I can’t remember the taste of the fried Spam sandwiches I ate as a kid nor the headaches they gave me, but I’ve heard the stories. And later as a young adult, when grandpa had just died from a brain tumor and migraine headaches hospitalized me, you would blame yourself and your fried Spam sandwiches, would confess the doctor had told you to stop feeding me Spam, would apologize for being poor, would apologize for everything. It runs in the family. We’re always sorry for something. It might be our fault.

after the wake
second-guessing my taste
in whiskey

Bob Lucky, Portugal

Bitters

Only a few family members bothered showing up to stand vigil by her deathbed. All of them quiet and cold. A reflection of their upbringing. Grandma was already a petite woman and illness had whittled her down to bones. It must have taken every ounce of strength still in her to sit up, point to grandfather and call out, “Clarence, I pray to the Blessed Virgin Mary that someday you will burn in hell!” Not long after that, she finally found, in death, the peace she had always wanted but couldn’t have in life.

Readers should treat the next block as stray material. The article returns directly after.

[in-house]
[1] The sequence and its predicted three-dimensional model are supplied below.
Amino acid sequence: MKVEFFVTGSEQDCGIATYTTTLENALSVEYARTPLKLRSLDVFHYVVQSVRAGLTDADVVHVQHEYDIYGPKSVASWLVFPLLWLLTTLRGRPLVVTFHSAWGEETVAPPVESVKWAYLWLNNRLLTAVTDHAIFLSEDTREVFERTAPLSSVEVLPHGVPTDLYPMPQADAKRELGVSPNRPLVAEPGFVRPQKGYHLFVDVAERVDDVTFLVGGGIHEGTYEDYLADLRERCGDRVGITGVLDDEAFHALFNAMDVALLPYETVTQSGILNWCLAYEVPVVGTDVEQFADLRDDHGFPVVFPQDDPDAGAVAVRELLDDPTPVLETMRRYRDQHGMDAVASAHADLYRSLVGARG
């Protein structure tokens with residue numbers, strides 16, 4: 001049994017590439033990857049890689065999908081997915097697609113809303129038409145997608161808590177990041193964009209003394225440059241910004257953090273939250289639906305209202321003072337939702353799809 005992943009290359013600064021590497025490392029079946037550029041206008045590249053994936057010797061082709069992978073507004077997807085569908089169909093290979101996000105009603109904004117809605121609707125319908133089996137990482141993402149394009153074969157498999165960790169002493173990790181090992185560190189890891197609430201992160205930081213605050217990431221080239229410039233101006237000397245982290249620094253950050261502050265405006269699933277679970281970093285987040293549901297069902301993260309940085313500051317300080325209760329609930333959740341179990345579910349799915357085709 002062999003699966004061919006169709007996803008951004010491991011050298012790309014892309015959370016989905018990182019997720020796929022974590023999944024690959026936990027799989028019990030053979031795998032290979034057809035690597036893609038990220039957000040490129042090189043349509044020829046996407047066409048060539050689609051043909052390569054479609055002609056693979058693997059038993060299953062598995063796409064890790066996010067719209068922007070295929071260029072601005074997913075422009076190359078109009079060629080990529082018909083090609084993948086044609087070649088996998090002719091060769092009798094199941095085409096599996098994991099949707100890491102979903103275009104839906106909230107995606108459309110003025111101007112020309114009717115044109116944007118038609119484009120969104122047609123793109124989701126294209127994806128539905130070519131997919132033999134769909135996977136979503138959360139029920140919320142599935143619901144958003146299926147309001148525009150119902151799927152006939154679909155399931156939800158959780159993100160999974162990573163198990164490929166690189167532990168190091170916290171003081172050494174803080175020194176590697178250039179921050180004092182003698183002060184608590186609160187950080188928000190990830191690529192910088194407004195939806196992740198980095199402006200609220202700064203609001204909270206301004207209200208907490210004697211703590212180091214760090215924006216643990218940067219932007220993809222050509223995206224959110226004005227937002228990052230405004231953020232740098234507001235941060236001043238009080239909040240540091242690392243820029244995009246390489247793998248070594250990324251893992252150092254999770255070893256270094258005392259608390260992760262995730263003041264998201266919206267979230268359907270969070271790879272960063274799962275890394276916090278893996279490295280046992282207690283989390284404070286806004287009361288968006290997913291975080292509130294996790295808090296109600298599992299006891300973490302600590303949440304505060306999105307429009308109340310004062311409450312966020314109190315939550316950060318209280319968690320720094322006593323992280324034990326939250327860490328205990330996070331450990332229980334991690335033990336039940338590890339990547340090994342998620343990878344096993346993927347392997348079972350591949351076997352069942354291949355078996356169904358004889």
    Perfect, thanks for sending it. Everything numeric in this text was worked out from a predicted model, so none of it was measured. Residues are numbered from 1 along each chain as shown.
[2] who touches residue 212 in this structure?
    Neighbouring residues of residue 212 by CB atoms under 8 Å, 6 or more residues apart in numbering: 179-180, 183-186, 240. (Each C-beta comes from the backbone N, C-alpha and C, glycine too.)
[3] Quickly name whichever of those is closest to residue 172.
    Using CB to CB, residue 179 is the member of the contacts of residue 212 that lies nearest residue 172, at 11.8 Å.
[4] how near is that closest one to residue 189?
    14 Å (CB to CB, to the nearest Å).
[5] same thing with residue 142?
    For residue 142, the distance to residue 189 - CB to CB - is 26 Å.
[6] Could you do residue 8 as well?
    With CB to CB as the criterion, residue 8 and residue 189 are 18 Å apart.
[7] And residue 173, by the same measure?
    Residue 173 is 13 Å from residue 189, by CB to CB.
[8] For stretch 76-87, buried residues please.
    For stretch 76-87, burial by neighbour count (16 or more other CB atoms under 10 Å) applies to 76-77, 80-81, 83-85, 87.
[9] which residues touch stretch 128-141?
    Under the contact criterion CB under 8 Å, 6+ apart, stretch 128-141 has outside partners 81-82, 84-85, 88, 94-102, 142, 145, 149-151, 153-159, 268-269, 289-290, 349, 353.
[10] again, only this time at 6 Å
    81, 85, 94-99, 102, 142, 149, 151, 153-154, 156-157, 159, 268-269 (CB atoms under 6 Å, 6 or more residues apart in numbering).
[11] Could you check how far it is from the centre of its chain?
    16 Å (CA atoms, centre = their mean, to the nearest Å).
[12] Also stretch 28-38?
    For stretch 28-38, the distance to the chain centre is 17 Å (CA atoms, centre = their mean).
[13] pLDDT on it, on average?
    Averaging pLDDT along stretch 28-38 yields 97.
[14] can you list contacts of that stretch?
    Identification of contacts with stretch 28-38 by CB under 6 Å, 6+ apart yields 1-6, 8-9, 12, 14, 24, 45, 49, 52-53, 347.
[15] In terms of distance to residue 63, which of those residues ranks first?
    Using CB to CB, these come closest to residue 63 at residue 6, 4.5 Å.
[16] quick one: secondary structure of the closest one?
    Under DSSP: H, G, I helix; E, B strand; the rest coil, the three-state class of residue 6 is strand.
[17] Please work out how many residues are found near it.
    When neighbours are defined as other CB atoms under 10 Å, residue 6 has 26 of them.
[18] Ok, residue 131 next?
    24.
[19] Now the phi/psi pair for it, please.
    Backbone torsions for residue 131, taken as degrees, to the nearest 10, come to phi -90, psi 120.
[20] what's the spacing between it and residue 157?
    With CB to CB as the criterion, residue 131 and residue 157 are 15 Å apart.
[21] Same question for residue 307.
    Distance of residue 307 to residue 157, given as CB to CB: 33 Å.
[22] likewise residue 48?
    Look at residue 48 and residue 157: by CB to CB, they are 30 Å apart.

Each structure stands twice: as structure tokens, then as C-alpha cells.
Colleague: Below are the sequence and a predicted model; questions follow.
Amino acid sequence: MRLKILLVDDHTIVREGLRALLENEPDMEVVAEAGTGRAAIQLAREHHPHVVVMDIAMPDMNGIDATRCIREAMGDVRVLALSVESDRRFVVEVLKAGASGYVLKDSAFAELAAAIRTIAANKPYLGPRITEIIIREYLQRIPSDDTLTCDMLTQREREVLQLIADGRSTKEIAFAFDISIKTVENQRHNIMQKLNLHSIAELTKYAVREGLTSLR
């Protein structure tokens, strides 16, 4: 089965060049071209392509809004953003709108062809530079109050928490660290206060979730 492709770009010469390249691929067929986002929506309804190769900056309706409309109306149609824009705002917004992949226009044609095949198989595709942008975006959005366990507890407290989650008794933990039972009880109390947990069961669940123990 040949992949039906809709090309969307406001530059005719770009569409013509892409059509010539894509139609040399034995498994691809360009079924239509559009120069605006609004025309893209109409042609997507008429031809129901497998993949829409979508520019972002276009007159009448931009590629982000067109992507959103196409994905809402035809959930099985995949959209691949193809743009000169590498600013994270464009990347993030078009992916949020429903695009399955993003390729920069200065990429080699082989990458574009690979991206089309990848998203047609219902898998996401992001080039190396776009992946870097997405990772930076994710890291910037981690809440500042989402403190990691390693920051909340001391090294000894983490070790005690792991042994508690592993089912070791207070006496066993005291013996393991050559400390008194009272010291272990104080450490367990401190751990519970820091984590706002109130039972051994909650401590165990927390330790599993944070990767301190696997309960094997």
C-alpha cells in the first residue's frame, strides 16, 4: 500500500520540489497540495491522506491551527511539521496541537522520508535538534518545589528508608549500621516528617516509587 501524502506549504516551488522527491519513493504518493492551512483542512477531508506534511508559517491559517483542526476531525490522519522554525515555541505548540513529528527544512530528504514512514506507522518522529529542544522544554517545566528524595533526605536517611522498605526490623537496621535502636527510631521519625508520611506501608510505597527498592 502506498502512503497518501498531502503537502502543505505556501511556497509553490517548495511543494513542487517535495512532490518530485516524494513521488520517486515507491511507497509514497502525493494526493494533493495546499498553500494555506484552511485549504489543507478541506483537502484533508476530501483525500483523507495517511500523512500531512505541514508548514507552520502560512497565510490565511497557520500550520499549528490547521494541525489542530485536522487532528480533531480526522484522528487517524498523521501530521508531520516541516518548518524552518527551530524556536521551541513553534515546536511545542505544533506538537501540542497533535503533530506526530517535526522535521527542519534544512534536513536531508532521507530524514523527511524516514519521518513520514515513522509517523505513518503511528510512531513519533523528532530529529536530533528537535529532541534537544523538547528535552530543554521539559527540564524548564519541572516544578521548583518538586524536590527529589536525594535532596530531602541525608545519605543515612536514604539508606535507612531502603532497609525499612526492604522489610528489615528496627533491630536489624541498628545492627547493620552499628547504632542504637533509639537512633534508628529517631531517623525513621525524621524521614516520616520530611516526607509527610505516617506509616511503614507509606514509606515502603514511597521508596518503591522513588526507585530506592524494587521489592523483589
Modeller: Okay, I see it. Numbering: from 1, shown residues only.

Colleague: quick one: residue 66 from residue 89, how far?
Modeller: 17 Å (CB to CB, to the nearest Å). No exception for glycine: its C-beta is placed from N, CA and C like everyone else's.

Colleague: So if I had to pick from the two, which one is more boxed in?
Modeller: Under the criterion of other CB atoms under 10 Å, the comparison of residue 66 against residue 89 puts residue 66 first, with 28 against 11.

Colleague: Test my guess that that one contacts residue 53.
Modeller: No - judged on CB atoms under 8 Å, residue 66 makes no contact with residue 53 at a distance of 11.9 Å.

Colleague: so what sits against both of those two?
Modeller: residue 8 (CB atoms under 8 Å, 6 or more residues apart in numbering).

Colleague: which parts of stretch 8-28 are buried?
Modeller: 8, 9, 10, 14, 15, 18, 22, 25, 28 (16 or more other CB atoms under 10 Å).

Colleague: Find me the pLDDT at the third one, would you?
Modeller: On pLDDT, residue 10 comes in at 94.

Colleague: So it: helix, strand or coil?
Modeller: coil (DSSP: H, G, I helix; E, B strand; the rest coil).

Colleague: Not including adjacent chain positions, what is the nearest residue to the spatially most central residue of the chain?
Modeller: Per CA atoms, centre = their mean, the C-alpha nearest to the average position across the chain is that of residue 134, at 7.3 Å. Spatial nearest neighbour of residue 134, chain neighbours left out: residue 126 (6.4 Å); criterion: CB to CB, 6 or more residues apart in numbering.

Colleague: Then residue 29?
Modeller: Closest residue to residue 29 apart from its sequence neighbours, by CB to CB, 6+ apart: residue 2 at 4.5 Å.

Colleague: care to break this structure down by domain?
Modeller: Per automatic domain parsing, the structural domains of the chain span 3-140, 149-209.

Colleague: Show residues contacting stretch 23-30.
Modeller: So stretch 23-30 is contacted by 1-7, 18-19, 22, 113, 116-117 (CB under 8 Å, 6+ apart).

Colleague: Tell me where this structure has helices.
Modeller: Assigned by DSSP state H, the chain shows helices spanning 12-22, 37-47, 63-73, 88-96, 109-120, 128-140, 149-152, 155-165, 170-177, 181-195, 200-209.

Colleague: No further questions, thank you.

the old pub
forgetting which stool
was his

Bryan Rickert, USA

The Speaker Drones On

I drawl to my friend, “It’s been a wonderful year for me. The covid pandemic has opened up multiple avenues on virtual open-mics for my poetry—making new friends, and connected with old—I’ll be sad when the vaccine stops all this Zooming. It’s been so much fun.”

on mute
I open another
bottle of wine

John S Green, USA

Latch

On the third morning, I woke in a puddle, pinned and in pain, unable to move. “Bring me the baby,” I whispered.

skin to skin the lore of engorgement

Kat Lehmann, USA

How She Was

My poet friend Elva is no longer here but her husband, over ninety, like she was, likes to share their stories. For her life celebration she planned a party. I played host, as she would have wanted, but it was her older friends that had the twinkles in their eyes and knew the most. They’d memorized poems from her “Being She” and her recipe for blue martinis. And shared her travel secrets as if she’d given a script.